Ford Go Further Shows It's a Family Business
When you write about carmakers, the hardest thing to do is to be objective. By nature we are attracted to certain cars and repulsed by others. When writing about carmakers, being impartial is tricky. Press releases and marketing can often take us on a trip to fantasy land and leave us wondering how much of it is fluff. As much as I felt Ford really understood its mistakes and was working on recapturing what it does best, I wondered how much of it was really true.
Ford Goes Further. Ford differentiates itself from its local competition in many ways but the one they hail is that they are more than a car manufacturing behemoth, it’s a family car company. The differences are subtle and judging by the few days I spent in Dearborn listening to its presentation, talking to its employees and people from around Detroit, Ford has a very positive image there.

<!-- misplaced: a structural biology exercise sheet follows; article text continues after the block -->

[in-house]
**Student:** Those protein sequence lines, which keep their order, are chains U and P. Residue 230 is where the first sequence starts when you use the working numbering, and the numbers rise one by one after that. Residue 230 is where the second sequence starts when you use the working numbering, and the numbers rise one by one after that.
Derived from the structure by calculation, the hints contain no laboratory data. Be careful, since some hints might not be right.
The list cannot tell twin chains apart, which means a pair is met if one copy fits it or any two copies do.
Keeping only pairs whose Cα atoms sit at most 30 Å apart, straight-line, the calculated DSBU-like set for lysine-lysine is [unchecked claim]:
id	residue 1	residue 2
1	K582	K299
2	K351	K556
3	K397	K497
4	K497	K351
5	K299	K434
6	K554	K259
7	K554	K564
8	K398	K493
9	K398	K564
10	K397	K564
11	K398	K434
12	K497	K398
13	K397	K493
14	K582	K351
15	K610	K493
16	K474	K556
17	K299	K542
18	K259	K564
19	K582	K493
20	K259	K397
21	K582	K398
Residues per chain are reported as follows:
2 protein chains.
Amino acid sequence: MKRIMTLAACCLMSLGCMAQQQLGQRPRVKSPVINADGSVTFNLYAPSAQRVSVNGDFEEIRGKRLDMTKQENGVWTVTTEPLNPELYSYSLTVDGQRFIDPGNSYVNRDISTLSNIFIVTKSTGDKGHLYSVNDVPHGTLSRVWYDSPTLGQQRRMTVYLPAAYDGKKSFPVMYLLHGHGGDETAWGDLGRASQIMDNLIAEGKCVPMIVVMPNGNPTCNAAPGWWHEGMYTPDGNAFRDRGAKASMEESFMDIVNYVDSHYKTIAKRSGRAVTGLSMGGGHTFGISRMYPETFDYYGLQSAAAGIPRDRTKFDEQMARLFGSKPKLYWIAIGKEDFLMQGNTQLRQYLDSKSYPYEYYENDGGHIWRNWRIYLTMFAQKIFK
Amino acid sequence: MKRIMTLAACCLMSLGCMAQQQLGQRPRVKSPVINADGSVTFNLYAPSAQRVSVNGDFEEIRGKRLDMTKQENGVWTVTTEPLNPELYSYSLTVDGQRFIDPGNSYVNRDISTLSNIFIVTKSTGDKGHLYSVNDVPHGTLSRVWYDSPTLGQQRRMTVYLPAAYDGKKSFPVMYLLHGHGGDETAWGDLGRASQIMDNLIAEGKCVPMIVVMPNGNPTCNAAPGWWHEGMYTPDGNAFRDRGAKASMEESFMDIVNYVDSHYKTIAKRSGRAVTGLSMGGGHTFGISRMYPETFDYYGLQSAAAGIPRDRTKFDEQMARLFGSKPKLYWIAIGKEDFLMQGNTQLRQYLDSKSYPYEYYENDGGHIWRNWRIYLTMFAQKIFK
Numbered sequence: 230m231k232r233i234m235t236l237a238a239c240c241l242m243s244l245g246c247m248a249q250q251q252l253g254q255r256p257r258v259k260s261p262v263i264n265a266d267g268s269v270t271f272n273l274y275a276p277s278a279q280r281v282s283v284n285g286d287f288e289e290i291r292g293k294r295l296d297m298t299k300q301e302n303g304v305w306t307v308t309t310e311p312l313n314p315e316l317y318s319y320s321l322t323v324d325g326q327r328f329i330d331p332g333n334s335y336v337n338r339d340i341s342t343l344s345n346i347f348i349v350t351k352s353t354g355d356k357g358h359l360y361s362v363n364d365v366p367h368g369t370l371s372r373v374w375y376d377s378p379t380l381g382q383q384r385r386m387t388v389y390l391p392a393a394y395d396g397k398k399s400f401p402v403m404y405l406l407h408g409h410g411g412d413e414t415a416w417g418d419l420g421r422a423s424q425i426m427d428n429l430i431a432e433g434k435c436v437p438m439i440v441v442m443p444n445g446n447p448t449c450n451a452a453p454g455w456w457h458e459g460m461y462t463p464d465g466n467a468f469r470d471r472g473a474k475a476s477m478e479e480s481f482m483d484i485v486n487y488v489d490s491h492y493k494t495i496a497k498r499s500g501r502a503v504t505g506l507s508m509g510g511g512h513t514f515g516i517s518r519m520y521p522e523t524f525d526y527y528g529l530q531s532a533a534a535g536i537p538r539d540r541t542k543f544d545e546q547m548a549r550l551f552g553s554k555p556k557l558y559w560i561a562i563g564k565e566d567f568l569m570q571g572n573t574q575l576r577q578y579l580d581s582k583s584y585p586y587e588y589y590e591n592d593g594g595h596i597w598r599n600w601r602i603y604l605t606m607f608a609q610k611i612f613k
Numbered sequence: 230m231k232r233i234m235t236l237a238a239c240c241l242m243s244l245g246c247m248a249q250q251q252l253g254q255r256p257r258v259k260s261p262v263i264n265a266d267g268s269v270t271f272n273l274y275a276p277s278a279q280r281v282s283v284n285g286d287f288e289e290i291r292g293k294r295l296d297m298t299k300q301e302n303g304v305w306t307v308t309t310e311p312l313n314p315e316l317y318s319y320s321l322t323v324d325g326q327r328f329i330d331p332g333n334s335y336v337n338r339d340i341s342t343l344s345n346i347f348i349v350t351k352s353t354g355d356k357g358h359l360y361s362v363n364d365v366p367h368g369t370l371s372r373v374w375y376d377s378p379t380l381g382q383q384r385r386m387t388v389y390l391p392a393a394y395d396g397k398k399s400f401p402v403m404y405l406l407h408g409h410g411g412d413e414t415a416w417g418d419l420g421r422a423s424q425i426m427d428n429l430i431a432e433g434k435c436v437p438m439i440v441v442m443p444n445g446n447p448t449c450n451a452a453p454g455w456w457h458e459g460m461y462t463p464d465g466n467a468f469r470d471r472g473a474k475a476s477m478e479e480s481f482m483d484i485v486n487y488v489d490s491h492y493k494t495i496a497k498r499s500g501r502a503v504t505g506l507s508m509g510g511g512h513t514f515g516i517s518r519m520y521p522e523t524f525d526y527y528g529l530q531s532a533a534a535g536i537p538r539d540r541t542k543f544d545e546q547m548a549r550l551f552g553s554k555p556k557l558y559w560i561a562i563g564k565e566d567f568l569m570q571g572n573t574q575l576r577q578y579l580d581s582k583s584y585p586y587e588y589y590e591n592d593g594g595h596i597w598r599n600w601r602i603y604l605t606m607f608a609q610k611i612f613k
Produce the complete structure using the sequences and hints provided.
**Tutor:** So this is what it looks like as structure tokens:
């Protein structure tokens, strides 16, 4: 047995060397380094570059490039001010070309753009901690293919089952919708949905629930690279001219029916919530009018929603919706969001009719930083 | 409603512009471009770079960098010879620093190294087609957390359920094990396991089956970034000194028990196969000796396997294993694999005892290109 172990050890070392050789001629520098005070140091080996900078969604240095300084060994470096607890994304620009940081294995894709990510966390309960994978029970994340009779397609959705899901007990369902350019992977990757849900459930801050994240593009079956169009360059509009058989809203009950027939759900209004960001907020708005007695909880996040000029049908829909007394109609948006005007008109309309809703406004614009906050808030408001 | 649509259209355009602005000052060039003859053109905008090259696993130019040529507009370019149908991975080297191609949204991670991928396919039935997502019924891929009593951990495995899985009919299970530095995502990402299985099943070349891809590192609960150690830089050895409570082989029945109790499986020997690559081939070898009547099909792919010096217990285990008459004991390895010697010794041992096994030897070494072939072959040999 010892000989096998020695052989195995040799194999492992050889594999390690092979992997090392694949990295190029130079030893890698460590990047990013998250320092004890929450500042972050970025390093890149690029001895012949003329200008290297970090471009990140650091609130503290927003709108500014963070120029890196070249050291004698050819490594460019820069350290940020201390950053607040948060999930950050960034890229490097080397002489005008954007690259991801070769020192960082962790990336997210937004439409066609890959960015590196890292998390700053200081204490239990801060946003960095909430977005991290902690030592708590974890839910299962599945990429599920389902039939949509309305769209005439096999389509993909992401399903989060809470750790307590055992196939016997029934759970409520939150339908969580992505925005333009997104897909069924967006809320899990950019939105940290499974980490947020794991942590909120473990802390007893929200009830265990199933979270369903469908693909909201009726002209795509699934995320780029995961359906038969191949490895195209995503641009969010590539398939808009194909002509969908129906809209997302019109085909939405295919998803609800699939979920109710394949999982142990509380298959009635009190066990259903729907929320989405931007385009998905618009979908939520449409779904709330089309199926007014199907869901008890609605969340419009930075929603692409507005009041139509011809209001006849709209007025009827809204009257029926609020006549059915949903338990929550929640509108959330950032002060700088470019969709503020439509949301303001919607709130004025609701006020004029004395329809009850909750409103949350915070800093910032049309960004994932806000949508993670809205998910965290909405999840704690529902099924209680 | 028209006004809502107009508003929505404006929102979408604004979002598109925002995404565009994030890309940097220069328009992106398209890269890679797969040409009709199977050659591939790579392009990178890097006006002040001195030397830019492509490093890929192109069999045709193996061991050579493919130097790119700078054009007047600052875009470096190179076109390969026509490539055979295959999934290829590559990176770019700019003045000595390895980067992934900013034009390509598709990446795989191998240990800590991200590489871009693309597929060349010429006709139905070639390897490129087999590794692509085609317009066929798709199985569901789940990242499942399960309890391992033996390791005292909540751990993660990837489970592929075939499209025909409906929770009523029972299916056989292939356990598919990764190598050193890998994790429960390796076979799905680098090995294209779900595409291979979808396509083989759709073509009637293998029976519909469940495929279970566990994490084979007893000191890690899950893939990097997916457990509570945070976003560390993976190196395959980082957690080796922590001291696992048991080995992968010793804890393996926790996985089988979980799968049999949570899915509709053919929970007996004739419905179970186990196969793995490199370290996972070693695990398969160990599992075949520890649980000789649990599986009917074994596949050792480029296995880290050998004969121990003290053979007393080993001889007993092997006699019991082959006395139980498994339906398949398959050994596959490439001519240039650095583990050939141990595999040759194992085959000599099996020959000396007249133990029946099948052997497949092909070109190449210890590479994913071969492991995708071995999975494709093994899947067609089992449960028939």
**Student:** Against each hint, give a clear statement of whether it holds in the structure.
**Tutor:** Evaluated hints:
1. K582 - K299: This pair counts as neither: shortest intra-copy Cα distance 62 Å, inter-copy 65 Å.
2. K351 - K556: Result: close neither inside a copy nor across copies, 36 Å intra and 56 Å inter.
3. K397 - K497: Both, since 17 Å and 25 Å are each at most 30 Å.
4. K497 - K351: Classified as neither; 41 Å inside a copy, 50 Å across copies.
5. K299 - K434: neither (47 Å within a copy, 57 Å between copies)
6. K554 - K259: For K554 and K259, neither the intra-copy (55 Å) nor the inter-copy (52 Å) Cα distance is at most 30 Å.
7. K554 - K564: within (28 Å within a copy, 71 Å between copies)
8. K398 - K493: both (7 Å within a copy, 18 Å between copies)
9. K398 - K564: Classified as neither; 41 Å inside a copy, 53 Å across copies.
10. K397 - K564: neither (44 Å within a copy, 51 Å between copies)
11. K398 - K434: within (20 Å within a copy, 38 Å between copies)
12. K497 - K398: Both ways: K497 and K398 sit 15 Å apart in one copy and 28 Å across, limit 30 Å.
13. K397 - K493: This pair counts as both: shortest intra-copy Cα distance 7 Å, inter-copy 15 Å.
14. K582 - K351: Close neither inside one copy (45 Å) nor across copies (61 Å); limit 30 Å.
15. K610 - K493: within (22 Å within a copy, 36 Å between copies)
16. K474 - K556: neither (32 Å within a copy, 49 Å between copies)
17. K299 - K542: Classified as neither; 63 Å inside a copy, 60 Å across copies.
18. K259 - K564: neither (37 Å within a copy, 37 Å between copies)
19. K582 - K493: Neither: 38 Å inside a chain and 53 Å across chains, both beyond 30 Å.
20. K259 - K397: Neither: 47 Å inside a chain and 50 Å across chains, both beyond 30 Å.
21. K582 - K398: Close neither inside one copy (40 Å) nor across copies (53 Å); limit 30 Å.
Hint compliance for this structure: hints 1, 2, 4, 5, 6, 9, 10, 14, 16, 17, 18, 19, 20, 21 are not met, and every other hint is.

What surprised me was the human aspect of the car company. Redefining its car process from a mobility company to an accessibility one is ahead of its competition. According to Bill Ford, Henry Ford was interested in humanistic quests. The company lend a helping hand in Africa at the beginning of the AIDS epidemic and other catastrophes around the world. But more so, the original Ford was interested in alternative energies and fabrics. You might also remember Henry Ford taking a sledge hammer to a bumper made out of soy bean.